There are 3.8 million mild traumatic brain injuries (mTBIs) that occur each year in the United States. Many are left with prolonged life-altering neurocognitive deficits, including difficulties in attention, concentration, mental fatigue, and distractibility. With extensive data on the safety and efficacy of stimulant medications in treating attention deficit, concentration difficulties and distractibility seen with attention deficit disorder, it is not surprising that interest continues regarding the application of stimulant medications for the persistent neurocognitive deficits in some mTBIs.
Studies were extracted from PubMed based on the topics of neurocognitive impairment, mTBI, stimulant use in mTBI, stimulants, and the association between attention deficit/hyperactivity disorder and mTBI. The search criteria included a date range of 1999 to 2020 in the English language.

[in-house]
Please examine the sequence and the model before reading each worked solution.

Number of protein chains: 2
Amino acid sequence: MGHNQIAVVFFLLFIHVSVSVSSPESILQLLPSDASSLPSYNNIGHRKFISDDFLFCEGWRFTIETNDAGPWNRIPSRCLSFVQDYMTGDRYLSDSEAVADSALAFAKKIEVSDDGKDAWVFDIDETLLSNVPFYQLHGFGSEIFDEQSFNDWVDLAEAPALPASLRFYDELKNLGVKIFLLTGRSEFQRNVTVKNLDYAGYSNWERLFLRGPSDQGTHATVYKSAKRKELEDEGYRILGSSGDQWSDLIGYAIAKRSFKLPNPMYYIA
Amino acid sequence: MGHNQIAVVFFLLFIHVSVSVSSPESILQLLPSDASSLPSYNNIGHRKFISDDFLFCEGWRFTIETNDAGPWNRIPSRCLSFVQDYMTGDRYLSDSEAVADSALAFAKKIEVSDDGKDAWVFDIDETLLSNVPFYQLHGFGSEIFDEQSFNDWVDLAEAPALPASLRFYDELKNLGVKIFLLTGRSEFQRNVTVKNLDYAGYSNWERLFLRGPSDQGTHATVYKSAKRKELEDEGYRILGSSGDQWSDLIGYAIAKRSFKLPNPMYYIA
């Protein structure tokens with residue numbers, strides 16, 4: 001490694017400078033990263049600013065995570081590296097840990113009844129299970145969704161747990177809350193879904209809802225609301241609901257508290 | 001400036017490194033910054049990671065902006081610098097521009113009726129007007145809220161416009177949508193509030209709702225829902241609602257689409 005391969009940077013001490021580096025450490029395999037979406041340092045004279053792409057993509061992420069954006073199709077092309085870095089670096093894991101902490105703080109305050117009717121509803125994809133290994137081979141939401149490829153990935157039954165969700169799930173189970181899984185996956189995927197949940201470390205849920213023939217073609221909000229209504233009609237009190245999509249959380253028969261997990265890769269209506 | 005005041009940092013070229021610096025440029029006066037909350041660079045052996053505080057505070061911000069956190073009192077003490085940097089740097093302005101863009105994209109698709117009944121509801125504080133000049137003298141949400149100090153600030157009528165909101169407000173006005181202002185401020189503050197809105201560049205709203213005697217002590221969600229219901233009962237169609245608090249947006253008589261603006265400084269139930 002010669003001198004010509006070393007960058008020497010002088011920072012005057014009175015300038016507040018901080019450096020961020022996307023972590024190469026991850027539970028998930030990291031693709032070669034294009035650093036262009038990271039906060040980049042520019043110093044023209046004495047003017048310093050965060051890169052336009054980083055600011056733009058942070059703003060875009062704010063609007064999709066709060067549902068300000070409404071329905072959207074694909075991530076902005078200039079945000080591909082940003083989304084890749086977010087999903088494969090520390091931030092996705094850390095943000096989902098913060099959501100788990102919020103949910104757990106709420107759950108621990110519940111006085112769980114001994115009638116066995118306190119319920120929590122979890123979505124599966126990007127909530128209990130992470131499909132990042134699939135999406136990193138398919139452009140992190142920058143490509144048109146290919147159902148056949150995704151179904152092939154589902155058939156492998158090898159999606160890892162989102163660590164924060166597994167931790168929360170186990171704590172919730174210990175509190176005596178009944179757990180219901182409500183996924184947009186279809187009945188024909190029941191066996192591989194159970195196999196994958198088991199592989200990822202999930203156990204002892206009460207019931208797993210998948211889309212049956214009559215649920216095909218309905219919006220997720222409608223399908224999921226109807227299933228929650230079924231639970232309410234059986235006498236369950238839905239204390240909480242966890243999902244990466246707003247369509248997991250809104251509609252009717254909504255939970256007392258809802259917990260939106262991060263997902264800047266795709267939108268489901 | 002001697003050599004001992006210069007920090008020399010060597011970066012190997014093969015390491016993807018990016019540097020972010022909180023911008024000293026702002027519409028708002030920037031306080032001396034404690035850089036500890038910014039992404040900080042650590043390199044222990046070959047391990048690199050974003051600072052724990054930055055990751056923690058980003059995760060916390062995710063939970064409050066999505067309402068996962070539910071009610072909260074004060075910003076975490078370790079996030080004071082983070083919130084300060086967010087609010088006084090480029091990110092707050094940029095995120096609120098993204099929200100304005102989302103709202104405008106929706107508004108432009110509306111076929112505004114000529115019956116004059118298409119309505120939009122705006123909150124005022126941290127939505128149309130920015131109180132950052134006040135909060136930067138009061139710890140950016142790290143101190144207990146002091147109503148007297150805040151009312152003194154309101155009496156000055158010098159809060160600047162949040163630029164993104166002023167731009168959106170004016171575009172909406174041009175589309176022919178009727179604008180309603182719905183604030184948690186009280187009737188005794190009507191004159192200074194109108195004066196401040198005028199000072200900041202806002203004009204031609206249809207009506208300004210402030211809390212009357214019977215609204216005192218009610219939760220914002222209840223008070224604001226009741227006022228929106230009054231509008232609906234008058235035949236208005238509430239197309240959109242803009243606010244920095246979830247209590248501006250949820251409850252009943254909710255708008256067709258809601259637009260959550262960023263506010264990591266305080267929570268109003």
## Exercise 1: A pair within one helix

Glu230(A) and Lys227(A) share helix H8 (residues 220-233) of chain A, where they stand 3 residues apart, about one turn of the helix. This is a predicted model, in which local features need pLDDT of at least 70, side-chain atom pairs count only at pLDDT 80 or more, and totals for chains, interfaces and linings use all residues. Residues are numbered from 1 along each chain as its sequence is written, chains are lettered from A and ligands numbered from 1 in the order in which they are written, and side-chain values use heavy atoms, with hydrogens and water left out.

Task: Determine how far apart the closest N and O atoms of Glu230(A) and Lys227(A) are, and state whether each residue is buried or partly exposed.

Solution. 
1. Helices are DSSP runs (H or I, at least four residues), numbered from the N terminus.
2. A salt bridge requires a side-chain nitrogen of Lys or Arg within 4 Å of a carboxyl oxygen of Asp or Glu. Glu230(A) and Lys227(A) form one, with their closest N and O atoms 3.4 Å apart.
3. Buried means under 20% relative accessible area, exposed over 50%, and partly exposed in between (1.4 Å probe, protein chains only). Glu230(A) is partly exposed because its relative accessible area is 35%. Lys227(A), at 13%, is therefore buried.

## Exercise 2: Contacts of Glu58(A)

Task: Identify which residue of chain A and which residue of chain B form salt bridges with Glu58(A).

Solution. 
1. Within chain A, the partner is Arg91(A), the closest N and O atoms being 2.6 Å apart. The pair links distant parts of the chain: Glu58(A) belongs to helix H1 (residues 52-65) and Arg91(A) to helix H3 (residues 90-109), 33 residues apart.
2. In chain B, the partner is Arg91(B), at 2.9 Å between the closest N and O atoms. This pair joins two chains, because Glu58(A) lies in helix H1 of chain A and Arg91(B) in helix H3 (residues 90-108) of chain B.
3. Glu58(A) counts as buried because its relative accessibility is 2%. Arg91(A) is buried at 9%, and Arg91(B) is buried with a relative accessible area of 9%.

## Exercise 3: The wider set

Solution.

Literature review.
Level 4.
Currently, there is very limited literature, and no guidelines for evaluating the use of stimulant medication for the treatment of prolonged neurocognitive impairments due to mTBI. However, a limited number of studies have demonstrated efficacy and safety of stimulants in the treatment of neurocognitive sequelae of mTBI in the adult, pediatric, military, and athletic populations.
There is limited evidence to suggest stimulant medication may be beneficial in patients with mTBI with persistent neurocognitive symtpoms. The decision to utilize stimulant medication for mTBI patients remains physician and patient preference dependent. Given the limited encouraging data currently available, physicians may consider stimulant medication in appropriate patients to facilitate the recovery of prolonged neurocognitive deficits, while remaining cognizant of potential adverse effects.